The U.S. will find a way to press ahead with the major military shift to the Pacific despite shrinking budgets and Congressional gridlock on funding, Deputy Defense Secretary Ashton Carter said Monday.
When asked how the $41 billion cut to the Defense Department’s budget under the sequestration process will affect the rebalance towards Asia, Carter said simply: “It won’t.”
“We have the resources to accomplish the rebalance. The rebalance will continue and in fact gain momentum” as the war in Afghanistan winds down, Carter said in an address to the Center for Strategic and International Studies. “The U.S. defense rebalance to the Pacific is not in jeopardy.”
Asian allies should be assured that the U.S. “will walk the walk” on the Pacific pivot that is projected to re-align forces over the next 10 years, with 60 percent of assets eventually focused on Asia, Carter said.
To bolster his argument, Carter made what appeared to be a political leap of faith in suggesting that the House, the Senate and the White House will somehow reach a compromise and agree to stop the sequester process at the end of the current Fiscal Year on Sept. 30. Under sequester, the Defense Department would have to cut about $500 billion over the next 10 years on top of $487 billion worth of cuts that are already underway.
Carter said that sequester “was never intended to be implemented. Hopefully, the turmoil and the gridlock will end” in September.
Carter’s assessment jibed with the Defense Department budget that will be proposed on Wednesday by Defense Secretary Chuck Hagel, who reportedly also is counting on sequester ending in September.
The drawdown in Afghanistan and the ending of the Iraq war have already allowed the rebalance to Asia to get underway, Carter said. Army and Marine units based in the Pacific, which had constantly been called upon to support the wars in Iraq and Afghanistan, “are coming home to the Pacific,” Carter said.
The Navy’s 10-destroyer presence in the Mediterranean and the Middle East was being reduced to four destroyers based at Rota, Spain, which will focus on the missile defense of Europe, Carter said. The other six destroyers will go to the Pacific, he said. The first Littoral Combat Ship will arrive at its new homeport in Singapore later this month as the precursor to the eventual basing there of four of the new LCS vessels, Carter said.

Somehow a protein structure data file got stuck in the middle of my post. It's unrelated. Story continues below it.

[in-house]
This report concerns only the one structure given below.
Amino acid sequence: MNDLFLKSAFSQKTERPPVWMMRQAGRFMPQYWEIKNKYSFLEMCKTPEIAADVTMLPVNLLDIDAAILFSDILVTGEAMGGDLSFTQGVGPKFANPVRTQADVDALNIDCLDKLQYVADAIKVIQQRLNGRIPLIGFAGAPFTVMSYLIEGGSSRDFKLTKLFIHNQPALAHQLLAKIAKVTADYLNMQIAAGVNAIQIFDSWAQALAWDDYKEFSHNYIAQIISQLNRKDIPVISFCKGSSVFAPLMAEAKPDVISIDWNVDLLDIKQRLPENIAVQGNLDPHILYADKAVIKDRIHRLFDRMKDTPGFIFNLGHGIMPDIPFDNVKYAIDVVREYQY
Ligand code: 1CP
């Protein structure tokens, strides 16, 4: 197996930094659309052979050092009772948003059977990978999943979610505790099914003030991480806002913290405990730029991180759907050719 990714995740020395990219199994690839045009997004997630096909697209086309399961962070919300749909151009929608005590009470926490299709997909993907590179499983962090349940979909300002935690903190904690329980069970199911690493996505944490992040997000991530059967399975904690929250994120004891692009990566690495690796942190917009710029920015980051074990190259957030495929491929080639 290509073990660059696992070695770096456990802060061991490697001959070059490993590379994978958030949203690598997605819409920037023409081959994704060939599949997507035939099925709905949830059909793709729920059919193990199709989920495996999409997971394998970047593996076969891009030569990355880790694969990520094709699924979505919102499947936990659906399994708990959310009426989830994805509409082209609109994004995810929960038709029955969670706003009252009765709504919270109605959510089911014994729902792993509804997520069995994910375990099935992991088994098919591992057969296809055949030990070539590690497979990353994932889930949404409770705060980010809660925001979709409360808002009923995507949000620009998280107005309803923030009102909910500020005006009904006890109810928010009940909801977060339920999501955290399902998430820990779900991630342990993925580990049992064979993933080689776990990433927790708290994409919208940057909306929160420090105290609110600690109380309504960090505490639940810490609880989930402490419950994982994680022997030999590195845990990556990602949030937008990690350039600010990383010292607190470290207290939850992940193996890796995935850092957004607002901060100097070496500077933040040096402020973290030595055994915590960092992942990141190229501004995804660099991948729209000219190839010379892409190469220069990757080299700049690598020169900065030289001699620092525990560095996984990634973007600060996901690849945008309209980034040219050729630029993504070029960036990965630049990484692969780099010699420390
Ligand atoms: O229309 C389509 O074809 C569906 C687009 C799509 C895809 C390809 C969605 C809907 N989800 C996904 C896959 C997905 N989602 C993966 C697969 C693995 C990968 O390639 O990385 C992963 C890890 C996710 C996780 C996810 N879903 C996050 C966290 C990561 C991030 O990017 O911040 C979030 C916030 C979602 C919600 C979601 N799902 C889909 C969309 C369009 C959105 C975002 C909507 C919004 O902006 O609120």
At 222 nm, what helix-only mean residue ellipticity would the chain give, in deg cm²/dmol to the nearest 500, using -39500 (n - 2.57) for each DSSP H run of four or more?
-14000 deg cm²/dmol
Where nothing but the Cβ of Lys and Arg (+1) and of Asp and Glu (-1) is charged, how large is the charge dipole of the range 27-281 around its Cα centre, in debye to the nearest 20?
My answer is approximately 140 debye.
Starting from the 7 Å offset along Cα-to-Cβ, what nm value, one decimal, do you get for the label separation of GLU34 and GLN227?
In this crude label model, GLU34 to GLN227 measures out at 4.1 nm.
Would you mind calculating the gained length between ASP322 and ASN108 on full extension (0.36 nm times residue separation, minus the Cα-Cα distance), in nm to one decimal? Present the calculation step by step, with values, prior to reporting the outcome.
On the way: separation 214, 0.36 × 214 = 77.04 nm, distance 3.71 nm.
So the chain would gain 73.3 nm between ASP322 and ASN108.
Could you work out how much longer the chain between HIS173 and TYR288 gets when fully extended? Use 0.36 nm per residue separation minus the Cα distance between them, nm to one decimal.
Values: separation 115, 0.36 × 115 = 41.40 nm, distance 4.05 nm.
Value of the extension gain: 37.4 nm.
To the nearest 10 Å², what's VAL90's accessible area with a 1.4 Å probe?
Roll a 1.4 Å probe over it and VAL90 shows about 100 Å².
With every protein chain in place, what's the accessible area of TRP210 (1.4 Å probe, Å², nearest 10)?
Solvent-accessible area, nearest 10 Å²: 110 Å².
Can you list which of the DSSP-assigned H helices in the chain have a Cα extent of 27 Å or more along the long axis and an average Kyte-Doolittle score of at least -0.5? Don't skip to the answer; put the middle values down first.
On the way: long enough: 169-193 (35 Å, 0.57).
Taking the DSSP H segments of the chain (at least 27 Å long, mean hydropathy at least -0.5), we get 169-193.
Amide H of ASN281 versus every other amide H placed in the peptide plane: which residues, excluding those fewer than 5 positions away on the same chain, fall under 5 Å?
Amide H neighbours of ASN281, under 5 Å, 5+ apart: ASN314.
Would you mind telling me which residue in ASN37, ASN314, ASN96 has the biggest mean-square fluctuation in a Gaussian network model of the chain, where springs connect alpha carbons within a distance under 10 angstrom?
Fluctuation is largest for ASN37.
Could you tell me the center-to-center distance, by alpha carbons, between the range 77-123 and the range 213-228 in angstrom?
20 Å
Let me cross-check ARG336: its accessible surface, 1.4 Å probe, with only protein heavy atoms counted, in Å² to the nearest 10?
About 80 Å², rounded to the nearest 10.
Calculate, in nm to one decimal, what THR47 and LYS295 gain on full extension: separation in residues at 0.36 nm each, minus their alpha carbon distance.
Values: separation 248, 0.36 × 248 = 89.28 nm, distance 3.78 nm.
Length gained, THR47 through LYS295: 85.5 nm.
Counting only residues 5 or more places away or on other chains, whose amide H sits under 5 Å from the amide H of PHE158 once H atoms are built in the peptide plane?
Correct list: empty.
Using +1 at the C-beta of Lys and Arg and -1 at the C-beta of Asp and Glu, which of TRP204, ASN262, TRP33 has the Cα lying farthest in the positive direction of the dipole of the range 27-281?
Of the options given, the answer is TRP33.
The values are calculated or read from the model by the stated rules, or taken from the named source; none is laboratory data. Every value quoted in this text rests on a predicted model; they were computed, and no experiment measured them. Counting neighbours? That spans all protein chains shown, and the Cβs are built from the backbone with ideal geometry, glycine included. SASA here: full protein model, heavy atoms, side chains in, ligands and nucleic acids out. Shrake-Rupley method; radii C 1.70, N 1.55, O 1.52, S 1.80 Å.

The Air Force was also shifting MQ-9 Reapers, Global Hawks, and U-2 spy planes away from Afghanistan and to the Pacific, Carter said.
Carter’s upbeat assessment on the long-term impacts of sequester on the Pacific pivot contrasted with his earlier statements on its overall effects for the Defense Department.
In January, Carter put out a memo directing the services to freeze civilian hiring, stop temporary hires, cut base operating funds, curtail training and limit administrative expenses.
Last month, he warned the defense industry that sequester will stretch out programs and drive up unit costs for as many as 2,500 individual programs.
“The act of sequestration and longer-term budget cuts and the prolongation of uncertainty could limit capital market confidence in the defense industry,” Carter said at the McAleese/Credit Suisse Defense Programs Conference in Washington. He predicted that “companies may be less willing to make internal investments in their defense portfolios.”
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